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Wednesday, January 7, 2009

Potty Training Problems

Potty training is new territory for your toddler. Up until now, they have been happy-go-lucky, learning about her new world at there own pace and making all kinds of exciting discoveries. They have learned how to form sounds into words that communicate what they want, she’s learned how to put her legs under her and walk and all this was done at her own pace. They probably thinks she invented walking and talking. Now all of a sudden, someone has decided she will no longer relieve herself in her diaper and plops her down on a potty and tells her to “go”. This is fertile ground for potty training problems.

Prevention is the Best Cure

Look at potty training from the child’s perspective. What kind of introduction has she had to the toilet and the bathroom in general. Has this room been off-limits before now? Let her follow you into the bathroom before you start potty training her. Answer the questions that occur.

Let her flush the toilet and sit on it with the lid closed first. Believe it or not, many children are afraid of the toilet. They see things go down and not come back and wonder if that can happen to them.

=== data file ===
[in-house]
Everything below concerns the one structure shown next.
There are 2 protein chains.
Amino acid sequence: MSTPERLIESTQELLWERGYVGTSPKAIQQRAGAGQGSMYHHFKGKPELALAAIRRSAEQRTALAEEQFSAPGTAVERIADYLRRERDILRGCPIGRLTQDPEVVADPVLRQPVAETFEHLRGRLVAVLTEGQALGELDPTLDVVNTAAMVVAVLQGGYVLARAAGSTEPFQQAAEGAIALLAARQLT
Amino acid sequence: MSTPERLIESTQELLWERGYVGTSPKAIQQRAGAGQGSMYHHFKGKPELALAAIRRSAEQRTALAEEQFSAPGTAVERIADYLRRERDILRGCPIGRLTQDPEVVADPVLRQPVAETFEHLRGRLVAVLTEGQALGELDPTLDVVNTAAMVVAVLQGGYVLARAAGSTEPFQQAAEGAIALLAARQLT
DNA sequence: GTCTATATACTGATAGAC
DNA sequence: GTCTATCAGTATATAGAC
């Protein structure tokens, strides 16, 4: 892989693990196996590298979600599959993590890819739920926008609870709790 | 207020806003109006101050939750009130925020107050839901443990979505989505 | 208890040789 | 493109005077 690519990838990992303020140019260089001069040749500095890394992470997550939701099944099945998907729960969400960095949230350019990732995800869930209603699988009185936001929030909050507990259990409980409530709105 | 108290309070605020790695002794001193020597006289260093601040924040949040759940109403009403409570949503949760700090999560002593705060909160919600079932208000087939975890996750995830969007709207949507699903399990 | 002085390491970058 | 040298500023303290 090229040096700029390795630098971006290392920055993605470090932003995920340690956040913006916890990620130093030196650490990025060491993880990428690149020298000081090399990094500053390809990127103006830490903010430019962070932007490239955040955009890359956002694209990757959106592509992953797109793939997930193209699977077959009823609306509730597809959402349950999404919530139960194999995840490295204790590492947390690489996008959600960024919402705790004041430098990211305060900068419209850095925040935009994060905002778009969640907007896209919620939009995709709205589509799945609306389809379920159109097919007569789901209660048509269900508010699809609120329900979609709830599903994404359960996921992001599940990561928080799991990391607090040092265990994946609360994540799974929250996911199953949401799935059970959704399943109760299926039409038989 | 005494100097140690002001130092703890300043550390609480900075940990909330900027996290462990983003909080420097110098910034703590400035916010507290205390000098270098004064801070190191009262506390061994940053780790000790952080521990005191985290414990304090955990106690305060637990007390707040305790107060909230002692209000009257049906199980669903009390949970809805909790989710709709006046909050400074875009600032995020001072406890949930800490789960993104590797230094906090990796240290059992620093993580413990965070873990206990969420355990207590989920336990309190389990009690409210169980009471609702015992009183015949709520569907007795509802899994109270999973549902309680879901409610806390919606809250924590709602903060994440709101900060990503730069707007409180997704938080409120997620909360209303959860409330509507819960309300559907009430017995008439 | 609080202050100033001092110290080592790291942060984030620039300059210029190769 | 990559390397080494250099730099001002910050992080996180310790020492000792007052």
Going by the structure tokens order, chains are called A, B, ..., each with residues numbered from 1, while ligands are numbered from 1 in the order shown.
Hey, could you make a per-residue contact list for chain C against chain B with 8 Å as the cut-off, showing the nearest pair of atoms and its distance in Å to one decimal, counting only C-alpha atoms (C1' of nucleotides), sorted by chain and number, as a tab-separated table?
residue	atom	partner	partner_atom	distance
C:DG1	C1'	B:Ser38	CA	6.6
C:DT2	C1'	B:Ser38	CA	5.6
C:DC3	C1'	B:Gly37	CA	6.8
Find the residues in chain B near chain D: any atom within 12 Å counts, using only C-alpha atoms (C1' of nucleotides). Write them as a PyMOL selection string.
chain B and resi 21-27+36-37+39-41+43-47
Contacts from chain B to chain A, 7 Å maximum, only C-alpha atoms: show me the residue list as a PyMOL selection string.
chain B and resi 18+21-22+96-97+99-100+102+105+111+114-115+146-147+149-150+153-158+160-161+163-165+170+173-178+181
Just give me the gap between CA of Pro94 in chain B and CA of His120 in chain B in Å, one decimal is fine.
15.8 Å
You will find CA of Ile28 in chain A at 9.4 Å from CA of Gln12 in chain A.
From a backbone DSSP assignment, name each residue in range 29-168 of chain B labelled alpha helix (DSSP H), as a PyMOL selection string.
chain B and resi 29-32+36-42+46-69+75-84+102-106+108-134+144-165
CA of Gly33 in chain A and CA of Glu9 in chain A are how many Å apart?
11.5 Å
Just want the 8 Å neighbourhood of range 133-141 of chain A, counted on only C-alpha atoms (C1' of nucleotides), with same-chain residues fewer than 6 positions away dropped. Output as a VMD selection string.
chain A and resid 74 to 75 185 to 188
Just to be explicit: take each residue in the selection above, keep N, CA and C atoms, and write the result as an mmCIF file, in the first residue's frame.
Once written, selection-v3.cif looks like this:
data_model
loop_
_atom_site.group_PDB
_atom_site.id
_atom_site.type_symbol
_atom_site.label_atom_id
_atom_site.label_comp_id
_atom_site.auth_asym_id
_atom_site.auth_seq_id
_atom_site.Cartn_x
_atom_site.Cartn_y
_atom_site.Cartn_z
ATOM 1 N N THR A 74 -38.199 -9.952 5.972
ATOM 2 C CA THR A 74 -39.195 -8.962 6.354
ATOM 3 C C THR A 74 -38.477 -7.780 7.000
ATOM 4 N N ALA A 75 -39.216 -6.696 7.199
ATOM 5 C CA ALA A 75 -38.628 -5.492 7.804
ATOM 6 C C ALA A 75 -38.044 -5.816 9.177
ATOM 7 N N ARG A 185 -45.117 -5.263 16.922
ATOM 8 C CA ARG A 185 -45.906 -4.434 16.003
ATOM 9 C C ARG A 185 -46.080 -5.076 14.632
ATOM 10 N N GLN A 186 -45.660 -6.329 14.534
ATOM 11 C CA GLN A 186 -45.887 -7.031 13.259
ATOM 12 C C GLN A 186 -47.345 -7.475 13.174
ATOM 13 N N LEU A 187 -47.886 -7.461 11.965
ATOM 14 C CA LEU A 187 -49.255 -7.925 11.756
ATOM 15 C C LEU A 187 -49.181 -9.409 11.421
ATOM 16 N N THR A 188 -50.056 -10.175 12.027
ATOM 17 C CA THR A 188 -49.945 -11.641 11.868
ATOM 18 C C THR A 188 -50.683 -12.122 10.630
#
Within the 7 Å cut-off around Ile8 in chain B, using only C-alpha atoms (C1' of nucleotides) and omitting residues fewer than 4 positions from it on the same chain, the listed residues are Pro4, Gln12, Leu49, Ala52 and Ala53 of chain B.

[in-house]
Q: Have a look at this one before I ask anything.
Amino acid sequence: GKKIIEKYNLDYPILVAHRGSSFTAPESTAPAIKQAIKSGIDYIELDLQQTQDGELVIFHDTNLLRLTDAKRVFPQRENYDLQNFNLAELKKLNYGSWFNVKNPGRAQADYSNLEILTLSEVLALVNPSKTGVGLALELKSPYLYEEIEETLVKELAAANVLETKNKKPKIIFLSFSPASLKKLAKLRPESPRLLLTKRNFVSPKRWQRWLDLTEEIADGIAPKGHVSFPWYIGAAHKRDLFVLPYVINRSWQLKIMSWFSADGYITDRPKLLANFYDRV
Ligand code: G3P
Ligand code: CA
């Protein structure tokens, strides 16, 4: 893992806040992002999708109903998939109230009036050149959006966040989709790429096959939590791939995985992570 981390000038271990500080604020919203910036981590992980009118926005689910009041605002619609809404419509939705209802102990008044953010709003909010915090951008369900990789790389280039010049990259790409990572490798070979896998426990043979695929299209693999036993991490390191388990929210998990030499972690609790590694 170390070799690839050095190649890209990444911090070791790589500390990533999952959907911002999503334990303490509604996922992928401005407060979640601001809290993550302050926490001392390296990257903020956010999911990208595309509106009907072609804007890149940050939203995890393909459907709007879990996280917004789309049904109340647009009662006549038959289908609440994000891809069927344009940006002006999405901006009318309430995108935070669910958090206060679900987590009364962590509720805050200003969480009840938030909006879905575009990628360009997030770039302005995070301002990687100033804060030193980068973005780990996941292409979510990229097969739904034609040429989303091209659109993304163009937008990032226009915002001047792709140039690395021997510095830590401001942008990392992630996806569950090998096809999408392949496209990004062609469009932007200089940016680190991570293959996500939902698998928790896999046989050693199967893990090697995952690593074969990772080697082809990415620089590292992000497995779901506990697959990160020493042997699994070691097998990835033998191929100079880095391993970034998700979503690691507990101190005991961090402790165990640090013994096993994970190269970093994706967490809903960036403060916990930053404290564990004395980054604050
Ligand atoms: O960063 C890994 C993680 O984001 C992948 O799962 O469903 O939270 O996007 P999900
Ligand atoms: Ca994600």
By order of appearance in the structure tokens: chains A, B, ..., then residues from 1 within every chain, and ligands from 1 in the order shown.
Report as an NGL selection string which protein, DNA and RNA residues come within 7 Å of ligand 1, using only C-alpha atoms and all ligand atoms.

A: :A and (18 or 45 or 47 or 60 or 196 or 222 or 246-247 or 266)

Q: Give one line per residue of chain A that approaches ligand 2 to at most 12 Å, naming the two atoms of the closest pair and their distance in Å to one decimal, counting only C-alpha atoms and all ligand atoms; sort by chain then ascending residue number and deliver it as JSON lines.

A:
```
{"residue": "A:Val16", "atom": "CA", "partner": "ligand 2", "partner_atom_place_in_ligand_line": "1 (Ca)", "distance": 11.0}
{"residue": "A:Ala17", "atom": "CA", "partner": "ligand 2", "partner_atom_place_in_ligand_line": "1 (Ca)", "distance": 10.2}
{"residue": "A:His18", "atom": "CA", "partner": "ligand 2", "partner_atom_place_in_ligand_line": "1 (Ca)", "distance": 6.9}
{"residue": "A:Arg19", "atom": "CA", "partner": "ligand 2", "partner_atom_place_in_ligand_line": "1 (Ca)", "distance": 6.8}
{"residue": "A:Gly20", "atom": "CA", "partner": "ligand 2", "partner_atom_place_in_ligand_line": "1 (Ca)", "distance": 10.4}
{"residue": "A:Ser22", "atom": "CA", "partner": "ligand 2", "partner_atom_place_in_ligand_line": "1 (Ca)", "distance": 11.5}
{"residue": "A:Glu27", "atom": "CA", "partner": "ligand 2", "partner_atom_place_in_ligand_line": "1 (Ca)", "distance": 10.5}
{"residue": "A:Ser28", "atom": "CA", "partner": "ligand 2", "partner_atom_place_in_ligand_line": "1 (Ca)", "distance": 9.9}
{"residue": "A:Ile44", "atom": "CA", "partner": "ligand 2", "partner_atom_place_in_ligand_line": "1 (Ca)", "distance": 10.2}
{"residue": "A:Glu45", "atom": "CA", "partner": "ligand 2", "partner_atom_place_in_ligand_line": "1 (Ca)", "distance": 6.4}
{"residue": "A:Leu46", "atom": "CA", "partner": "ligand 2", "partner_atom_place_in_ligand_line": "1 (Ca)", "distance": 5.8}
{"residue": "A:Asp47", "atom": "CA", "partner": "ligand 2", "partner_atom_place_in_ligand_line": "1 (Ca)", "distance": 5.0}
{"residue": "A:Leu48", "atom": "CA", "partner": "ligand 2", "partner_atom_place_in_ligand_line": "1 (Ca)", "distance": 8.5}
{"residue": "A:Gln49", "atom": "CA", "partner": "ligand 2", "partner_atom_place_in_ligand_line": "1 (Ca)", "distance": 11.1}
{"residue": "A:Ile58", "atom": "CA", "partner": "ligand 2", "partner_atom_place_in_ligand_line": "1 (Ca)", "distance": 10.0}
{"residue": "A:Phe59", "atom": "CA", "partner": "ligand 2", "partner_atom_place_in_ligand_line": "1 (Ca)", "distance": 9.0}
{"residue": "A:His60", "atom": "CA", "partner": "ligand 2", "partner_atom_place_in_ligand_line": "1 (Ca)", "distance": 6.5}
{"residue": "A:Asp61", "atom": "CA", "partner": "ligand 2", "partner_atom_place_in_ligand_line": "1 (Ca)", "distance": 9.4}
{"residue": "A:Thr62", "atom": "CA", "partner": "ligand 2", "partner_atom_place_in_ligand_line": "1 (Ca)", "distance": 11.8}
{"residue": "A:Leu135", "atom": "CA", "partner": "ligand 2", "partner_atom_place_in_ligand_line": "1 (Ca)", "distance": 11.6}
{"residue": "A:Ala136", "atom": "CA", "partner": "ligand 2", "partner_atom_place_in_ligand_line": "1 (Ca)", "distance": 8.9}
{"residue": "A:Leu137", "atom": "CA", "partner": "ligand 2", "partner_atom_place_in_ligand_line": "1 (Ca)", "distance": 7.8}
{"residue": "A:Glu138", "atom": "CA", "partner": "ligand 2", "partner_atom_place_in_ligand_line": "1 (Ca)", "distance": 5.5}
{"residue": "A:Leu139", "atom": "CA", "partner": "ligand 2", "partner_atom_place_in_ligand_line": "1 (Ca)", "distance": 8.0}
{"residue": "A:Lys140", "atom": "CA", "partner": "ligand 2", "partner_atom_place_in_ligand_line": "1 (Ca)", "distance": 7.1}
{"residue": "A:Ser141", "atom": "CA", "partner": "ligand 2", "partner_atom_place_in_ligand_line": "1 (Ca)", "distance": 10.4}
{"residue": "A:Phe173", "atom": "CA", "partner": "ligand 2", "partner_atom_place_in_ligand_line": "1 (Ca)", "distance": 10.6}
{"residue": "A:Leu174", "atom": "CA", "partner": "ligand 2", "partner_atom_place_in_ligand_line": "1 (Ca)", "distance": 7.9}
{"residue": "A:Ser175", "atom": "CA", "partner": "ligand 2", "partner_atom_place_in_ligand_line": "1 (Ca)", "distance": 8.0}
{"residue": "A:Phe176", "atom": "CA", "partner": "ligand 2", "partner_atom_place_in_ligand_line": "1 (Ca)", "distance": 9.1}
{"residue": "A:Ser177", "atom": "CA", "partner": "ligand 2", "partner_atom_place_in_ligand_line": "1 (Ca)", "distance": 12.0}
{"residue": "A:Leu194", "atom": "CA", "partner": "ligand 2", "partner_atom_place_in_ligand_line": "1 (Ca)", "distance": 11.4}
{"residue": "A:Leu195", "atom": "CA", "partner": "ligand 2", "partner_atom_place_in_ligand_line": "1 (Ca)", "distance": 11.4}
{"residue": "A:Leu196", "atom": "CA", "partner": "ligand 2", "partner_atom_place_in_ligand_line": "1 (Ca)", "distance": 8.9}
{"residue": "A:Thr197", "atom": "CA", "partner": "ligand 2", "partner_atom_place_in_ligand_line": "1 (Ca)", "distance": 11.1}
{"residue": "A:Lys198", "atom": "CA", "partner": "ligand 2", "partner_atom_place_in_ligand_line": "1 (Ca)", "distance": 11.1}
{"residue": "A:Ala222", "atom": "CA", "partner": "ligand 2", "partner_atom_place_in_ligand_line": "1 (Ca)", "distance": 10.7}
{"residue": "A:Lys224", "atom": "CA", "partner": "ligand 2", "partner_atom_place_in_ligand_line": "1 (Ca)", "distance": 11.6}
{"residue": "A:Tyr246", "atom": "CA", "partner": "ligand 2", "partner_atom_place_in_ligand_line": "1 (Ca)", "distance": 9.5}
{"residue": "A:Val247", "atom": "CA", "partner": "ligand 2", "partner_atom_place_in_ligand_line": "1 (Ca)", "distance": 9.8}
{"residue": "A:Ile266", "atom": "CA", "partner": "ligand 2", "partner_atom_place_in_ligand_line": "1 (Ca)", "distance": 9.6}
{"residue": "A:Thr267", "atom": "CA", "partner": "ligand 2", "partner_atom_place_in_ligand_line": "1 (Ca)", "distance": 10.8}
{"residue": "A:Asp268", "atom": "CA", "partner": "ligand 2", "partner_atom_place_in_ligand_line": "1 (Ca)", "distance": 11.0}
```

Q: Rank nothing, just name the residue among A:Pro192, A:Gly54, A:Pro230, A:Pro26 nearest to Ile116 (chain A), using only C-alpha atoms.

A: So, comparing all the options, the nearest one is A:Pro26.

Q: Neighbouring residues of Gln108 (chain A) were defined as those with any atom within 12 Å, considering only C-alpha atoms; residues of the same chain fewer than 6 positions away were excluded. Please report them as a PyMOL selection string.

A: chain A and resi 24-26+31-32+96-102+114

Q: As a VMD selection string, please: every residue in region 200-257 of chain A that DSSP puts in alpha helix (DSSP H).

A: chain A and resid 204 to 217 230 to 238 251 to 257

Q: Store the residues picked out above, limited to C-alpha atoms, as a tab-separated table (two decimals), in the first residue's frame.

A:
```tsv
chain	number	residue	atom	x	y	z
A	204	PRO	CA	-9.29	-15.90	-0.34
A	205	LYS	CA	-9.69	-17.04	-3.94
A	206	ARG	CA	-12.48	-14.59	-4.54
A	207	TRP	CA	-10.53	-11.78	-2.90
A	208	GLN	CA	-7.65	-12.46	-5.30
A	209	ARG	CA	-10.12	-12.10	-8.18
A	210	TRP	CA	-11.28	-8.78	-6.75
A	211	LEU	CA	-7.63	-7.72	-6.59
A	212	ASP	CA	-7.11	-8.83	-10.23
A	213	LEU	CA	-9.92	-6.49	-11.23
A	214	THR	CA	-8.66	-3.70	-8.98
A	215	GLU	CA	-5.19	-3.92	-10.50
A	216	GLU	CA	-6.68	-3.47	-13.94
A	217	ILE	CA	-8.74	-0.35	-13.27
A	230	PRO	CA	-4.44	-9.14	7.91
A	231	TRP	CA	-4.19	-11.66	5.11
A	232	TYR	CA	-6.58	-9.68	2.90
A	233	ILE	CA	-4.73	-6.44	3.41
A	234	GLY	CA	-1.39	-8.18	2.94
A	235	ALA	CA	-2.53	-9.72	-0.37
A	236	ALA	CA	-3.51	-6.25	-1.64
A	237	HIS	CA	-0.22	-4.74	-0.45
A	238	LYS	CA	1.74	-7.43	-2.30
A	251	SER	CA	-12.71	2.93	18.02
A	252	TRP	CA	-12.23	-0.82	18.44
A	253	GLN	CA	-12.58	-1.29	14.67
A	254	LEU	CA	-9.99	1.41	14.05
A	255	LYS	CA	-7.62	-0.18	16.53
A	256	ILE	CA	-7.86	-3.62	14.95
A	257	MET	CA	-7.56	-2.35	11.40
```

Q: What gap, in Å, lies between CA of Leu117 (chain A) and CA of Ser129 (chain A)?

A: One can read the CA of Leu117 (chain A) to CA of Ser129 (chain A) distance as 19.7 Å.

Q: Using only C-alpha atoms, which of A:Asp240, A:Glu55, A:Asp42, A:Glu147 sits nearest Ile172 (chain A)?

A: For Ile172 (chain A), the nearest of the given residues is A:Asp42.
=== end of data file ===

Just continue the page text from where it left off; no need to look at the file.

When they are comfortable being around the toilet, let her sit on the seat. If they feels afraid, buy her a potty seat that snaps on securely or a potty chair. Humans are born with the fear of falling and sitting on a toilet seat with nothing under her can make your child feel like she’s going to fall.

Regression, is when a child begins to learn potty training, then suddenly seems to lose ground. Children who were perfectly happy to go along with the potty training routine all of a sudden begin having accidents frequently. Regression isn’t always a problem.

There may be an external factor such as a change in the environment that is causing the regression or it may just be that they want to slow down a little. Most experts agree that periods of regression are normal during potty training and, unless there is a medical condition such as a urinary tract infection, they do not need intervention. Simply continue to gently encourage her with her potty training and they will get back on track.

Most potty training problems can be identified by looking at them through your child’s eyes. Inconsistencies, fears, punishment for accidents and regression can all trigger potty training problems.

More tips from http://www.pottytrainingtipsonline.com/

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